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Am J Hypertens. 2014 Apr;27(4):514-21. doi: 10.1093/ajh/hpt173. Epub 2013 Sep 16.

Delayed heart rate recovery is strongly associated with early and late-stage prehypertension during exercise stress testing.

Author information

1
Center for Prevention and Wellness Research, Baptist Health Medical Group, Miami Beach, Florida.

Abstract

BACKGROUND:

Heart rate recovery (HRR) has been shown to predict cardiovascular disease mortality. HRR is delayed in hypertension, but its association with prehypertension (PHT) has not been well studied.

METHODS:

The study population consisted of 683 asymptomatic individuals (90% men, aged 47┬▒7.9 years). HRR was defined as peak heart rate minus heart rate after a 2-minute rest. PHT was categorized into stage I (systolic blood pressure (SBP) 120-129mm Hg or diastolic BP (DBP) 80-84mm Hg) or stage II (SBP 130-139mm Hg or DBP 85-89mm Hg). Logistic regression was used to generate odds ratios (ORs) for the relationship between HRR and PHT.

RESULTS:

The mean HRR was lower in the PHT groups than in those who were normotensive (60 bpm and 58 bpm in stages I and II PHT vs. 65 bpm in normal BP; P <0.01). Persons with PHT were more likely to be in the lowest quartile of HRR compared with those with normal BP (adjusted OR, 3.80 and 95% confidence interval [CI], 1.06, 13.56 for stage II PHT and adjusted OR, 3.01 and 95% CI 1.05, 8.66 for stage I PHT). In a fully adjusted model, HRR was still significantly associated with both stages of PHT.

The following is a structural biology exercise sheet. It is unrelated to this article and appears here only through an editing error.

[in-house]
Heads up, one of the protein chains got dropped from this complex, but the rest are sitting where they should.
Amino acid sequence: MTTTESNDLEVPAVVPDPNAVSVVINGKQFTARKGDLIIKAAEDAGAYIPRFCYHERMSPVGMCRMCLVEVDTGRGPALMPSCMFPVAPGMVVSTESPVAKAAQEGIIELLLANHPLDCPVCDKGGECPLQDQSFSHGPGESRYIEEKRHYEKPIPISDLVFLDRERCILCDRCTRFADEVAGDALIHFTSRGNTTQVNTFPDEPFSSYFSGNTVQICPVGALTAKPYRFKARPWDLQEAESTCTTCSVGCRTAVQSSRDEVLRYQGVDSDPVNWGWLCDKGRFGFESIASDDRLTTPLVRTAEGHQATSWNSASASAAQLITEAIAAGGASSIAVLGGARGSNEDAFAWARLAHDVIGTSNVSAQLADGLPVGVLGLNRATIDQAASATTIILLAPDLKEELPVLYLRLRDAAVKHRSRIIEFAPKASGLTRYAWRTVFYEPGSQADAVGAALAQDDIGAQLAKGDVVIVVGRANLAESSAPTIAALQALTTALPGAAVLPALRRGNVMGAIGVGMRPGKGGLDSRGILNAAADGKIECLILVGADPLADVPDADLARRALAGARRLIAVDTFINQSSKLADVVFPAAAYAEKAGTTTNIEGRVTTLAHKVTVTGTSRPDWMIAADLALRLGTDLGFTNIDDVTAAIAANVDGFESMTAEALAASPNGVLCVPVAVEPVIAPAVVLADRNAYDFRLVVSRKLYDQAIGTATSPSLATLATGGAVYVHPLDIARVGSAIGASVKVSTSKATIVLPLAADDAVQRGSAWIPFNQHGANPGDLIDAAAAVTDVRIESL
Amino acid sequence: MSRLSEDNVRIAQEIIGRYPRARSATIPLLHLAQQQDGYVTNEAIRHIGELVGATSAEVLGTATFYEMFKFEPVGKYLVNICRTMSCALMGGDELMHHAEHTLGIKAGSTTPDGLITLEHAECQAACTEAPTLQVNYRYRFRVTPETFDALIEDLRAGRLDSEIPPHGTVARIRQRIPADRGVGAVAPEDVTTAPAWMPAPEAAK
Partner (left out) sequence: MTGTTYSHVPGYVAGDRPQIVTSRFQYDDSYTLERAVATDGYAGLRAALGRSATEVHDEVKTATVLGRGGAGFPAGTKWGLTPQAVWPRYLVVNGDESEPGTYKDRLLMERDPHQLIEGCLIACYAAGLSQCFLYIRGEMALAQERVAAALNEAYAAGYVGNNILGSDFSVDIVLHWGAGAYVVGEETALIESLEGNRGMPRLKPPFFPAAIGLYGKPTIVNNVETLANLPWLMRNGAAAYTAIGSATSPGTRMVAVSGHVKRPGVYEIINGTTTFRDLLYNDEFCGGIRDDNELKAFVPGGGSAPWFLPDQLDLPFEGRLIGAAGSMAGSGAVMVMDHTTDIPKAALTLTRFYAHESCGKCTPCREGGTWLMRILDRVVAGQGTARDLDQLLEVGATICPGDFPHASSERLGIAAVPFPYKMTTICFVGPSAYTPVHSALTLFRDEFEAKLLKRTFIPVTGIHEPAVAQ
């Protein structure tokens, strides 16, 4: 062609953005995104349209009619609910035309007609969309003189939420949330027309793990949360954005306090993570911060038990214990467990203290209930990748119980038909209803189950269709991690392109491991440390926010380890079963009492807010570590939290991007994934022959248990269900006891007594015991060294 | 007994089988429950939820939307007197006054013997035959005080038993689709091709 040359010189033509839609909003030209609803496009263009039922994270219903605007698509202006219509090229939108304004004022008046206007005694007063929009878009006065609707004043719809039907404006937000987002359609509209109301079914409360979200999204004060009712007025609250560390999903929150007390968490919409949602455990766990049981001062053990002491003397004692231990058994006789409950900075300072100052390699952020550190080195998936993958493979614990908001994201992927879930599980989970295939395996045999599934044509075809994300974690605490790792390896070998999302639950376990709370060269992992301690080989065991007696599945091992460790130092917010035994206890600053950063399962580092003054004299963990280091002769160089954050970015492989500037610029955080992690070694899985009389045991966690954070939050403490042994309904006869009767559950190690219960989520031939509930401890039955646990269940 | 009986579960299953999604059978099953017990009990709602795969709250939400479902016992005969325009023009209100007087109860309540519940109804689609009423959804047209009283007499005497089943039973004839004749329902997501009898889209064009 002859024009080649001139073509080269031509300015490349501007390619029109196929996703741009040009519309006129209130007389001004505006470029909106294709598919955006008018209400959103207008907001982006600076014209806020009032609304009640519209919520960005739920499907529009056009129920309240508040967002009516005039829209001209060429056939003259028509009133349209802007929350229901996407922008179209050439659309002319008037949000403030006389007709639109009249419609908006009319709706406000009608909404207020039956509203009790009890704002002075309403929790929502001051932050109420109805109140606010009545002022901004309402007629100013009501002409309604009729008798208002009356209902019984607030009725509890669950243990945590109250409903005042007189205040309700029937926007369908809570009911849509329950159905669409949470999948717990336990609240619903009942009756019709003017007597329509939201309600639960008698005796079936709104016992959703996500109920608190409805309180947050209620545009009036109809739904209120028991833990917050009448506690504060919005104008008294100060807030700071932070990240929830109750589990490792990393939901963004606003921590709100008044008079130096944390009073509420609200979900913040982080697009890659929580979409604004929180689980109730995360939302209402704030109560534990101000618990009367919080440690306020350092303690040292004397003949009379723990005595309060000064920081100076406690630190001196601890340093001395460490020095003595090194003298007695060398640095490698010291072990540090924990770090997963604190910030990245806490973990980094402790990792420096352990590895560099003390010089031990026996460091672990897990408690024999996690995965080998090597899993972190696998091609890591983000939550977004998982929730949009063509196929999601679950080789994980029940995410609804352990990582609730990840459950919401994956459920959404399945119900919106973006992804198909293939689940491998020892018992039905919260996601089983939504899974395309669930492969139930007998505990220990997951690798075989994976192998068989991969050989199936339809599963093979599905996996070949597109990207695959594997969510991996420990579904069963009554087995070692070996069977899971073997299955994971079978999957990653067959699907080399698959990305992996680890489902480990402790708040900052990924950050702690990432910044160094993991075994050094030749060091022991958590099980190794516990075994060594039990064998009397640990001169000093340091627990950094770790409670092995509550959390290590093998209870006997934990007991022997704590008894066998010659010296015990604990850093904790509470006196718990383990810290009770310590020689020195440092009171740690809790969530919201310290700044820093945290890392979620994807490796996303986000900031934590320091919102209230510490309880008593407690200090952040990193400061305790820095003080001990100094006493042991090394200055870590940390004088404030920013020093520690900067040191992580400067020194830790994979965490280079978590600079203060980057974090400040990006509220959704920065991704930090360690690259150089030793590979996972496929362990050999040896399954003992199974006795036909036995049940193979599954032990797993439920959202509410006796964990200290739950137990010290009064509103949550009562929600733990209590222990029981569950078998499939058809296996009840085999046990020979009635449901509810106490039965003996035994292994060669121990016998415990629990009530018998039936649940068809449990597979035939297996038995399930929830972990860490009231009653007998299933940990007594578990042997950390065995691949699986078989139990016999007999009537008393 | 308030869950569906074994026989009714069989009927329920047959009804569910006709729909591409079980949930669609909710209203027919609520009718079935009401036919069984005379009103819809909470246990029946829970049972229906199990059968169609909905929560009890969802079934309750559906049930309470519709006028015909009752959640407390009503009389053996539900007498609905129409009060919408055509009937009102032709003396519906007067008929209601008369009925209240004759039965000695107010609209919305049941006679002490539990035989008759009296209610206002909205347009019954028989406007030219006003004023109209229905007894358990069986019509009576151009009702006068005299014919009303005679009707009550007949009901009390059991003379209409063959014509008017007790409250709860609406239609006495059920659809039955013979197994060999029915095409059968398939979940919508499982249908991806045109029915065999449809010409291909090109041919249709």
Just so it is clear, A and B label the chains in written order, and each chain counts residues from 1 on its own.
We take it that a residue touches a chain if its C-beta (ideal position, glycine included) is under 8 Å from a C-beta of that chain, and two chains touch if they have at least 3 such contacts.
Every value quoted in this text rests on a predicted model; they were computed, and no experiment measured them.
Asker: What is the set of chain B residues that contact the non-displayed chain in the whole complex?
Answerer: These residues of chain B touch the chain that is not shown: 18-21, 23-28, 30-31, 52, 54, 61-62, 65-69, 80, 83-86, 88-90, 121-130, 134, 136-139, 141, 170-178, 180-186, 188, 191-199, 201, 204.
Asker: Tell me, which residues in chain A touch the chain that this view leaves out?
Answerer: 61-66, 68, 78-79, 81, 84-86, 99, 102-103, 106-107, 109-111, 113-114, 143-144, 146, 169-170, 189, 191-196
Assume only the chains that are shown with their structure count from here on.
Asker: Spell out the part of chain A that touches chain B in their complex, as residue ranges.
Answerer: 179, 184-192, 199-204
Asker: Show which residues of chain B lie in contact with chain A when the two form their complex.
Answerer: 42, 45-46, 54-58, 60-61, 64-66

CONCLUSION:

Among asymptomatic patients undergoing stress testing, delayed HRR was independently associated with early and late stages of PHT. Further studies are needed to determine the usefulness of measuring HRR in the prevention and management of hypertension.

KEYWORDS:

blood pressure; cardiac autonomic function; heart rate recovery; hypertension; prehypertension.

PMID:
24042166
DOI:
10.1093/ajh/hpt173
[Indexed for MEDLINE]

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